When the power goes out, a generator is an important backup for a survivalist. It may be difficult to start a generator that has been sitting for a long time because it is primarily used in emergencies and is otherwise left idle.
If a generator has been idle for an extended period of time, it may fail to start for a variety of reasons. However, it is not a cause for concern and can be remedied by the following steps:
- Removing the deposits on the spark plug and checking its condition with a recoil starter
- Replacing the oil sensor, if needed
- Cleaning the clogged air filters
- Checking the battery
- Replacing the stale fuel with a fresh one
- Closing the choke before starting the generator
- Cleaning the fuel valve, if clogged
- Cleaning the carburetor
How to Start a Generator That Has Been Sitting
When the generator is not used for an extended period of time, some basic issues with the oil or gas may arise, which can be resolved with a quick check-up. Check the oil level, the position of the fuel valve, and the choke’s condition.
If the oil level is low, have it refilled. A dipstick can be used to check the level. An oil sensor is designed for this purpose in modern generators. Keep in mind that even if there is enough oil, the low-oil sensor may be triggered if the generator is placed on an uneven surface.
The fuel becomes stale over time, and the generator may have stopped working as a result. So, to determine if the fuel is stale, look for any odors or cloudiness or fogginess on it, and if you find it, replace it. See also: How To Store Gas Long Term: 6 Factors To Consider When Storing
Inspect Fuel Valve
The fuel valve regulates the flow of fuel from the gas tank to the carburetor. It must be open and unobstructed.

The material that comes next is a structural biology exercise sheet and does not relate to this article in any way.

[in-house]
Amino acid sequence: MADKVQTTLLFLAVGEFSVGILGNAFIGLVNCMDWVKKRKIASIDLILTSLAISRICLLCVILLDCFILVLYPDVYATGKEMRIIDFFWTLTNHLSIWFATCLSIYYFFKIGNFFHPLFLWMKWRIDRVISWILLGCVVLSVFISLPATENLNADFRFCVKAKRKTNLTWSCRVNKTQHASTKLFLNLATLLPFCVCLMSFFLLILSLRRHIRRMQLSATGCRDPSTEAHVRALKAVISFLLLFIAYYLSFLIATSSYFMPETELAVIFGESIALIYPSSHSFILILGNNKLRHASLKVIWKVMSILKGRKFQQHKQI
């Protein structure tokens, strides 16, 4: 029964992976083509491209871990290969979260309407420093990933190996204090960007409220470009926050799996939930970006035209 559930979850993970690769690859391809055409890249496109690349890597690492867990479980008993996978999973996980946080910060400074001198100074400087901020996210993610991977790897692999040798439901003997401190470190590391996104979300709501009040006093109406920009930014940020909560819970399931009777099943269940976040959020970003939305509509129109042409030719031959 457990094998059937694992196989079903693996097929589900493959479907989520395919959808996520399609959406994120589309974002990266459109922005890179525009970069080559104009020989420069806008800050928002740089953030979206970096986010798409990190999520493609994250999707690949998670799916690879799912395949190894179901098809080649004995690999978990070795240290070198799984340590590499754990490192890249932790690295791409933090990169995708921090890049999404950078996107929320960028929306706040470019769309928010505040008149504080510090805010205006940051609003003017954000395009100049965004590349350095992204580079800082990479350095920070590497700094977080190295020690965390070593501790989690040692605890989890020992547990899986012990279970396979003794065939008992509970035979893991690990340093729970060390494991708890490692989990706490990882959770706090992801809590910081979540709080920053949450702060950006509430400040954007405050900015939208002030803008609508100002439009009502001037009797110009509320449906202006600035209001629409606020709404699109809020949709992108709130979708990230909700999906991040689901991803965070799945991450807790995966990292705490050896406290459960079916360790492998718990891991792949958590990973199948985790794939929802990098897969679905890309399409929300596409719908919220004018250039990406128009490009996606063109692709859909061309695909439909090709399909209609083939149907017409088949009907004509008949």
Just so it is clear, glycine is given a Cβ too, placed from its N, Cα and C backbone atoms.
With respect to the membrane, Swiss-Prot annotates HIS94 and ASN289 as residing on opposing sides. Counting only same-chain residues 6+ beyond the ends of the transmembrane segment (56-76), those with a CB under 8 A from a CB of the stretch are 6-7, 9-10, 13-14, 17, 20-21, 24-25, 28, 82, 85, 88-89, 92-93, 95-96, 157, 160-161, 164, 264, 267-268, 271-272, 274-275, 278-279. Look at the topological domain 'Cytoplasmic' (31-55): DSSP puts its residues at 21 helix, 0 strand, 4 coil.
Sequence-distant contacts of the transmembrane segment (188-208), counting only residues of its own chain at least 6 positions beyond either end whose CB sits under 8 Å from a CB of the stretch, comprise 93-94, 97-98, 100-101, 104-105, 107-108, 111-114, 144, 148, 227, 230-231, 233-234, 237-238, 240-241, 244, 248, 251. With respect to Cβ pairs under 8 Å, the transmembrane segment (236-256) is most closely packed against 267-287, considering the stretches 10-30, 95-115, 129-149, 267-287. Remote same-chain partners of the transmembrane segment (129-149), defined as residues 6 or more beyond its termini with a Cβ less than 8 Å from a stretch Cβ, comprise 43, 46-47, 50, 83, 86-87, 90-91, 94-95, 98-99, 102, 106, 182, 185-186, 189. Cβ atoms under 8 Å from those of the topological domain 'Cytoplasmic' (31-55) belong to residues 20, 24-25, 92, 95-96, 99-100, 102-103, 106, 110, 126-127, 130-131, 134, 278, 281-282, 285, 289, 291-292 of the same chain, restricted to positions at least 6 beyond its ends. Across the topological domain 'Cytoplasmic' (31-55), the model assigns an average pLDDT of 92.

Unplug the outlet hose from the fuel valve to determine if it is clogged, and if the gasoline is not flowing freely, the valve should be cleaned or replaced with a new one. If there is an in-line filter between the fuel valve and the carburetor, remove it and inspect it for clogging.
Check the Air Filter
Check the air filters if the previous steps did not produce any results. The generator, like other machines, requires proper airflow to function properly. However, if a generator is left idle for an extended period of time, it is very likely that it will become clogged due to dirt or debris. As a result, the carburetor does not receive enough air for combustion.
In this case, remove the air filter and inspect it to see if it is clogged. Replace it with a new air filter if it is.
Inspect Choke Position
A choke’s function is to control the amount of air that enters the carburetor while the generator is turned on. If a generator is to be restarted after a long period of inactivity, the choke should be set to the “start” position, which is closed.
If, on the other hand, the generator was recently turned off but is still not starting, open the choke halfway or fully to restart it.
Inspect Ignition Coil